Along the way, the brides were intentional about selecting vendors who were part of the state and local economy, and often, part of the queer community. “Our photographer, Liv Lyszyk, for example, is from Grand Rapids and she shoots almost exclusively queer weddings and other queer photo shoots,” Rachel says. Catering duties went to Angel Food Catering in Belleville, and Love Plus One provided a “freaking awesome” DJ. 

Floral elements were everywhere at the fall-themed event, which featured bridesmaids' dresses in shades of autumn orange. We Adore Flowers put together the couple’s “unbelievable” arrangements. “Jenny at We Adore is pretty spectacular,” Lauren says. “She grows the flowers out of her house and runs a local flower club in the Ypsi area.” The florist offers community events like wreath-building and flower-drying classes.

Another integral wedding element was Lauren’s dress, which she sourced through an Ann Arbor non-profit, The Bride’s Project, which supports adults and kids impacted by cancer. The organization donates proceeds from the sale of donated dresses to the Cancer Support Community of Greater Ann Arbor. “Everybody who works there is a volunteer,” Lauren explains. “It’s a pretty awesome organization, and also the best experience — my sisters came with me, and the staff was super helpful. It was a good feeling donating money toward a community like that.”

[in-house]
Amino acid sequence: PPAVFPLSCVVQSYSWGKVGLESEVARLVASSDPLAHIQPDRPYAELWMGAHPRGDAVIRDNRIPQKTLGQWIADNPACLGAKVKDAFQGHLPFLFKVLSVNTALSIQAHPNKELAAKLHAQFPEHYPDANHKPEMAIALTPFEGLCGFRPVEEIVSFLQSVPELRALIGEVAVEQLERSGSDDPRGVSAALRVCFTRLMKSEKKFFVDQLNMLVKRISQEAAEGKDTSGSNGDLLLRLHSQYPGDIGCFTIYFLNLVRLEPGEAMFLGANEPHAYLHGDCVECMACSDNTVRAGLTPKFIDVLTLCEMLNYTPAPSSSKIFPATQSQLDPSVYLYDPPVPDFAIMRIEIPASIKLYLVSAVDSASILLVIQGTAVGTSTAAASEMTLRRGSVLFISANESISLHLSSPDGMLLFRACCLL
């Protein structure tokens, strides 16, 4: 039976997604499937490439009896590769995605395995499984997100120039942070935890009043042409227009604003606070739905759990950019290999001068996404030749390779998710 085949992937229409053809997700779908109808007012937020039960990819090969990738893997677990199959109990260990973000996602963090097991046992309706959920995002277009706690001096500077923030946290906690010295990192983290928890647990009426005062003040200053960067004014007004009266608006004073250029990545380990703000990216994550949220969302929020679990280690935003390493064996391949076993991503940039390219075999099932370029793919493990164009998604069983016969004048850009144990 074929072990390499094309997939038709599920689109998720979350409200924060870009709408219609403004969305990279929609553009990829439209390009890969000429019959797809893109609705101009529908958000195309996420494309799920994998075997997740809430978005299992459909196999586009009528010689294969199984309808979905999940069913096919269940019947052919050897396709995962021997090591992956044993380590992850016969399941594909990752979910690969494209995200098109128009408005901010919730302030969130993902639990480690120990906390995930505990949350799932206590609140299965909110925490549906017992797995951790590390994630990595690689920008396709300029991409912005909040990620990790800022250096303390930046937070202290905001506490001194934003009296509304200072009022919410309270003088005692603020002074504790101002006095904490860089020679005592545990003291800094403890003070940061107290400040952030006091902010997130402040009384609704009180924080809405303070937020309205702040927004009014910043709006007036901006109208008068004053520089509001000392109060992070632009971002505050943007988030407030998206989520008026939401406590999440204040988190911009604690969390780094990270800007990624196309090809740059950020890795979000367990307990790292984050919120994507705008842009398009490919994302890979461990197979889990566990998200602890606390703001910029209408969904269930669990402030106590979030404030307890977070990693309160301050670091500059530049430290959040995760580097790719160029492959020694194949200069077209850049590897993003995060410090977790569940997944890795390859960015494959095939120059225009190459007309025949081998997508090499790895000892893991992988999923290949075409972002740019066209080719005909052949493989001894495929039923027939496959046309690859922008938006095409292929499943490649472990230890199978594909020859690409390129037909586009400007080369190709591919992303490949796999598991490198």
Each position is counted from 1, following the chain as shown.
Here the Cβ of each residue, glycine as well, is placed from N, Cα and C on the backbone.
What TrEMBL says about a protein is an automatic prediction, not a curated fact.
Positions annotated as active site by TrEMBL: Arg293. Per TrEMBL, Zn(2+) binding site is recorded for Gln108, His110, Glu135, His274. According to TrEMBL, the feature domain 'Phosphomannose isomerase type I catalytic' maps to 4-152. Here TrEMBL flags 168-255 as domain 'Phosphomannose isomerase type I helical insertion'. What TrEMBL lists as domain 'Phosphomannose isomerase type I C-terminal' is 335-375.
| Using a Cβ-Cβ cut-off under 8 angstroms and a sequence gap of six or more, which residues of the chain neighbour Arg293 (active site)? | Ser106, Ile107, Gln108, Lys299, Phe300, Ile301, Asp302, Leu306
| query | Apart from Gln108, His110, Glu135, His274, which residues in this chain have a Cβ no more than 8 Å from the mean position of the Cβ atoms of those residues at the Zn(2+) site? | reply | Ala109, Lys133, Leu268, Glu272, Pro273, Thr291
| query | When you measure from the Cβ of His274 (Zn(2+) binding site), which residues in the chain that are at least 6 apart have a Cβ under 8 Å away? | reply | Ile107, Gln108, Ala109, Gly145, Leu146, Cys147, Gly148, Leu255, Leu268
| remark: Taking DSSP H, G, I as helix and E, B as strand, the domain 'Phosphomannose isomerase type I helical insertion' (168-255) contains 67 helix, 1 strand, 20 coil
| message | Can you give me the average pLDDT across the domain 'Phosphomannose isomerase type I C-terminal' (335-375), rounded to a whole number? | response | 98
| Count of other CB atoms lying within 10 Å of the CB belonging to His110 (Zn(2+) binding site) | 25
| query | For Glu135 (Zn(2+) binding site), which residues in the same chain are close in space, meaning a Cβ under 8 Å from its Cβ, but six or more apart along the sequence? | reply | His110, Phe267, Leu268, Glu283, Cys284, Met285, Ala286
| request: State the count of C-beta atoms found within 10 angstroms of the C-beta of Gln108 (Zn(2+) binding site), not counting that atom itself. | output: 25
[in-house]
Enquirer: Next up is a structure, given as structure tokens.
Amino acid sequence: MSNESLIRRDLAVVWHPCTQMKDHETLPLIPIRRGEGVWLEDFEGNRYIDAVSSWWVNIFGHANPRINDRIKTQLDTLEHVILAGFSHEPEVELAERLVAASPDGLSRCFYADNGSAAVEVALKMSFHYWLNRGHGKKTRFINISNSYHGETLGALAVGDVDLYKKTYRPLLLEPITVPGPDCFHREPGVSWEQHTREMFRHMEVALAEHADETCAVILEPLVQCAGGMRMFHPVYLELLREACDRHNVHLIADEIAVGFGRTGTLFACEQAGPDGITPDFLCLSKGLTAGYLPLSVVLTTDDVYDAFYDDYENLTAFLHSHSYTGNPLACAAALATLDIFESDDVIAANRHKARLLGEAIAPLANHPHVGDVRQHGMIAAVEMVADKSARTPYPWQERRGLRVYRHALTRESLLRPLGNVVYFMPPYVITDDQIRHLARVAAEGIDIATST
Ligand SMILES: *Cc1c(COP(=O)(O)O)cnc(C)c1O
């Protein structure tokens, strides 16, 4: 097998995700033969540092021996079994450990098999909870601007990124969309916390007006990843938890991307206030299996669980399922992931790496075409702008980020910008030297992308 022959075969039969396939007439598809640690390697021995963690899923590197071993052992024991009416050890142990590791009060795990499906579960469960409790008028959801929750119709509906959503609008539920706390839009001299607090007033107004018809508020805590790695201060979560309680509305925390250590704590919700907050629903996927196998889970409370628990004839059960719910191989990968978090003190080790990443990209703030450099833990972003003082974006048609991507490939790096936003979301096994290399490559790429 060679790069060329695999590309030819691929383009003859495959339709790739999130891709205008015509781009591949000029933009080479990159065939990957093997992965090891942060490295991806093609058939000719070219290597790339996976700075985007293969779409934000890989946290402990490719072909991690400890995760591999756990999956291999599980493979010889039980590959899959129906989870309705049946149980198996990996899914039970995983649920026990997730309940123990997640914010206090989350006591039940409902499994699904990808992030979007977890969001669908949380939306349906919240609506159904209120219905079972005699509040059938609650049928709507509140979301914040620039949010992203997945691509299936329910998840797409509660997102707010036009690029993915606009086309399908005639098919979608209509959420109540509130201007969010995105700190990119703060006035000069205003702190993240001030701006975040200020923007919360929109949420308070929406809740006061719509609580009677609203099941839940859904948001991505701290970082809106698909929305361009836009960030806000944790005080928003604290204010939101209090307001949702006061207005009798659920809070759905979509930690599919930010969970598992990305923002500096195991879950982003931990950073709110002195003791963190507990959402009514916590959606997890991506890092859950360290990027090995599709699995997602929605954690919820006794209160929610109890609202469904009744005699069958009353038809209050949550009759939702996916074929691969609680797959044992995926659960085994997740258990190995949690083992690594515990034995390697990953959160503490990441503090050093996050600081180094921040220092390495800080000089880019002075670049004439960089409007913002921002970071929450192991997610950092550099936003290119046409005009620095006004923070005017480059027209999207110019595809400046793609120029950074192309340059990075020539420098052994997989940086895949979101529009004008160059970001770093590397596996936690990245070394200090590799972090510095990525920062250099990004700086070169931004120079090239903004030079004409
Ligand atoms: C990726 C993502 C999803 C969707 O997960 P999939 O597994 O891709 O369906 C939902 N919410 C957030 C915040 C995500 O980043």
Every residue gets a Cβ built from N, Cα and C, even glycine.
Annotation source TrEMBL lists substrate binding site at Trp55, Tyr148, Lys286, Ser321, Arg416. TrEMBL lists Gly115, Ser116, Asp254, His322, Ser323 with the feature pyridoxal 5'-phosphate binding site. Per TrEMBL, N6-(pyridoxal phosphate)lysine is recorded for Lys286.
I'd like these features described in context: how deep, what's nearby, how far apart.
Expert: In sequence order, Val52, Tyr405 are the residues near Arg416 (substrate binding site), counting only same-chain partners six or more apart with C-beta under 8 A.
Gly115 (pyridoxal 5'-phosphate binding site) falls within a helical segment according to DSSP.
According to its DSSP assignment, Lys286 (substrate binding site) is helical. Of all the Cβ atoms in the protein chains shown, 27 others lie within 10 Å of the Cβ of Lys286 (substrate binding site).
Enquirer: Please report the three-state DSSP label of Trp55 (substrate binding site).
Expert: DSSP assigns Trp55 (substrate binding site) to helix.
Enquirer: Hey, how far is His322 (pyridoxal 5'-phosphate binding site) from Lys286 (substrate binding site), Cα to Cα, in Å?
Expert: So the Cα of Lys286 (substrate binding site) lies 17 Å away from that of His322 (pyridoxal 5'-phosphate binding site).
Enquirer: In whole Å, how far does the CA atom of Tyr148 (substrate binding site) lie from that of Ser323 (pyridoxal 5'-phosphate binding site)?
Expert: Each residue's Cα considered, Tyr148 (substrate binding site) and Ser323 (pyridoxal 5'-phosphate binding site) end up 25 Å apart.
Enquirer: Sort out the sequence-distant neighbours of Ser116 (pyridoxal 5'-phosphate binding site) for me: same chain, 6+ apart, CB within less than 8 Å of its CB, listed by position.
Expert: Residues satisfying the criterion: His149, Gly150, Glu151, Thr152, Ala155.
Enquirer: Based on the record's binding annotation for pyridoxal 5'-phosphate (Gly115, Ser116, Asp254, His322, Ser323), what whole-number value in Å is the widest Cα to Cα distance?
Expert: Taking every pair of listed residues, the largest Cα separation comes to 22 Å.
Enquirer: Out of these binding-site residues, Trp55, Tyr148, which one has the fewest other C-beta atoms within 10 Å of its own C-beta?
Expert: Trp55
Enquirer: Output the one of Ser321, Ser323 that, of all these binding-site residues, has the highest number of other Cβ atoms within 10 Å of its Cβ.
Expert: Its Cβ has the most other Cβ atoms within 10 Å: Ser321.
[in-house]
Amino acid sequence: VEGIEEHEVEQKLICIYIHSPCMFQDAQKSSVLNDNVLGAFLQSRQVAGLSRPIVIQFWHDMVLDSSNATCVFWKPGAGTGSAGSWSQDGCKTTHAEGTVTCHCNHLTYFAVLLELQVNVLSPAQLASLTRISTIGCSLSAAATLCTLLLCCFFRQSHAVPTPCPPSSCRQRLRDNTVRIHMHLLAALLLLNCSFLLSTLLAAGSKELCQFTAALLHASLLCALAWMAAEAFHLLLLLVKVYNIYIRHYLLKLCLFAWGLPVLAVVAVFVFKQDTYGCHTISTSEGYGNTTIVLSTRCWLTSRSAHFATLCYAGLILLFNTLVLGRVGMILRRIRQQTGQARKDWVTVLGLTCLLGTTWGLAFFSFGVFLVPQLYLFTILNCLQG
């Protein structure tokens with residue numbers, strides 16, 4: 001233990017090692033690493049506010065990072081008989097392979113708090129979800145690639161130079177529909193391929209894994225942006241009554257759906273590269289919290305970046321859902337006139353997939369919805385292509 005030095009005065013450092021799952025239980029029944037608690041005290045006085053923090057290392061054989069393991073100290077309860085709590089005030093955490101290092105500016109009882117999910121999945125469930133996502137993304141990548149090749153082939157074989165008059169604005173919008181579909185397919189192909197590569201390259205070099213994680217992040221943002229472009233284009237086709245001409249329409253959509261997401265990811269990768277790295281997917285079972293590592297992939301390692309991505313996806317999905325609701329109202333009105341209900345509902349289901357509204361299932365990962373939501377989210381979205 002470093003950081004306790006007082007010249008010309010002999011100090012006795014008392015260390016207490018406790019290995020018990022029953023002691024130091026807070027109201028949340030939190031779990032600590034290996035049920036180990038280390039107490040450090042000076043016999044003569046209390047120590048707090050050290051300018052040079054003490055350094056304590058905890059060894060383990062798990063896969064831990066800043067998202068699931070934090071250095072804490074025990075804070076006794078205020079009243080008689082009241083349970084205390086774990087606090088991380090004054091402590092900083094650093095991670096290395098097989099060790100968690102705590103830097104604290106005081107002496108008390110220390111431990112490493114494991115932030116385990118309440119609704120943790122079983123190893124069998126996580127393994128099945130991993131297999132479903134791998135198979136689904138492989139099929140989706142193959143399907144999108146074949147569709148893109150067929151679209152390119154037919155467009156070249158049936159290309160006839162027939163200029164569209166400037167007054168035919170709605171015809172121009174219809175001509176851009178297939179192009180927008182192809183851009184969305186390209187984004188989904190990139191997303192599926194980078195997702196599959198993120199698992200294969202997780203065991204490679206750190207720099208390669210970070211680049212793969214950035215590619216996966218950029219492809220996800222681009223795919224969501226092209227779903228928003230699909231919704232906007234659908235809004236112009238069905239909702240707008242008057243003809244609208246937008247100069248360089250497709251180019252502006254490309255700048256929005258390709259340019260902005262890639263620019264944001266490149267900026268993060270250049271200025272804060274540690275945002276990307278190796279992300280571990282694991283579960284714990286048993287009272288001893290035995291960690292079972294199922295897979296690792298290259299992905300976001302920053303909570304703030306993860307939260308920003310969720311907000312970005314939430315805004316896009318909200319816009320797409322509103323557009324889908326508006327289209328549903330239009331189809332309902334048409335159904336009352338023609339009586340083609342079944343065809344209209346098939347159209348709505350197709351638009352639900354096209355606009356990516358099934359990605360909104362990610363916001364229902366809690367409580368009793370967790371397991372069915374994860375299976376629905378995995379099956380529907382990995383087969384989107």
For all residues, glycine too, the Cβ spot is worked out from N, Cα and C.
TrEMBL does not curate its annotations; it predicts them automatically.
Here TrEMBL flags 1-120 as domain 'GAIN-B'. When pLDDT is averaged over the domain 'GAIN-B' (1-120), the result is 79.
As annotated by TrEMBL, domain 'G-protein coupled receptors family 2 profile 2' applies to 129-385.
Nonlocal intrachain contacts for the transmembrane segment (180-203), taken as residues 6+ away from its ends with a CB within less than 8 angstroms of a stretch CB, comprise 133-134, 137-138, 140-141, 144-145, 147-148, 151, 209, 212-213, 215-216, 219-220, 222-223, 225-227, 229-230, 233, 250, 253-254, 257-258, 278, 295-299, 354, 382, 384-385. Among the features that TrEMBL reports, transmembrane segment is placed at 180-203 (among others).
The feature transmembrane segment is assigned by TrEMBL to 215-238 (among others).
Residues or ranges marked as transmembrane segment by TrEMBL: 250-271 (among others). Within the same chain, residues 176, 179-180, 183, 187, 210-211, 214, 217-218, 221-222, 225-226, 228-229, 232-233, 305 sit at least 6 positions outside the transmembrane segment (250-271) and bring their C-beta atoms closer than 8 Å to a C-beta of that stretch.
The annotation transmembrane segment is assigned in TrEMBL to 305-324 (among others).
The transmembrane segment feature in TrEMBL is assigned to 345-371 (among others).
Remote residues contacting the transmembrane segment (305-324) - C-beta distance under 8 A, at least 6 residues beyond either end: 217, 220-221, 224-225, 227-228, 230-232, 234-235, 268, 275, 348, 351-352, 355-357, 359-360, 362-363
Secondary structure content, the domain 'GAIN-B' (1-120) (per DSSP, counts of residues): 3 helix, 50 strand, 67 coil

The newly minted Myers acknowledge that wedding planning can be quite stressful. Maintaining a cooperative spirit and making sure they were both on the same page are two ways they approached the process. They also checked in with a couples therapist from queer-affirming Connally Counseling in Ann Arbor. “We recognized that most religious people would maybe go to a church, and neither of us are super religious, but it just felt like a good first step to take,” Rachel says. “We were able to talk about our goals and values and what we want out of this partnership together.”

When it comes to nailing down all the details, Lauren advises couples to be realistic with their timeline and to create a budget early (and then stick to it). “Don’t be afraid to break away from tradition,” she says. “We made this wedding very ‘us.’ It was authentically who we are, so don’t be afraid to get creative.” The couple did several DIY projects, sourced from places like Pinterest, with materials often found on Facebook Marketplace. 

Ultimately, Rachel encourages couples in the wedding planning stage to enjoy the process. “Really soak it in,” she says. “I felt like, at times, I was definitely anxious and stressed out about it all, but try to just enjoy it and realize this is an exciting time where maybe it’s OK to have it be all about you — even if you don’t like the limelight too much — soak in the love and the appreciation. Look around and realize these are the closest members of your life, here for you.”

Rachel, who says she isn’t much of a crier, found herself sobbing after the wedding was over, when she was finally alone with Lauren. “It was just so overwhelming how much love and support all of it was, especially for someone like me, who really only pretty recently came out. There was so much excitement of what the future is going to hold for us.” 

Photography: Liv Lyszyk Photography - | Ceremony: Matthei Botanical Gardens - | Reception Venue: Ypsilanti Freighthouse - | Flowers: We Adore Flowers -| Catering: Angel Food Catering - | Music: Love Plus One - | Lauren’s Gown: The Bride's Project - | Hair and Makeup: Opal & Peridot and Helen Kumah-Gbati @hkgbeaute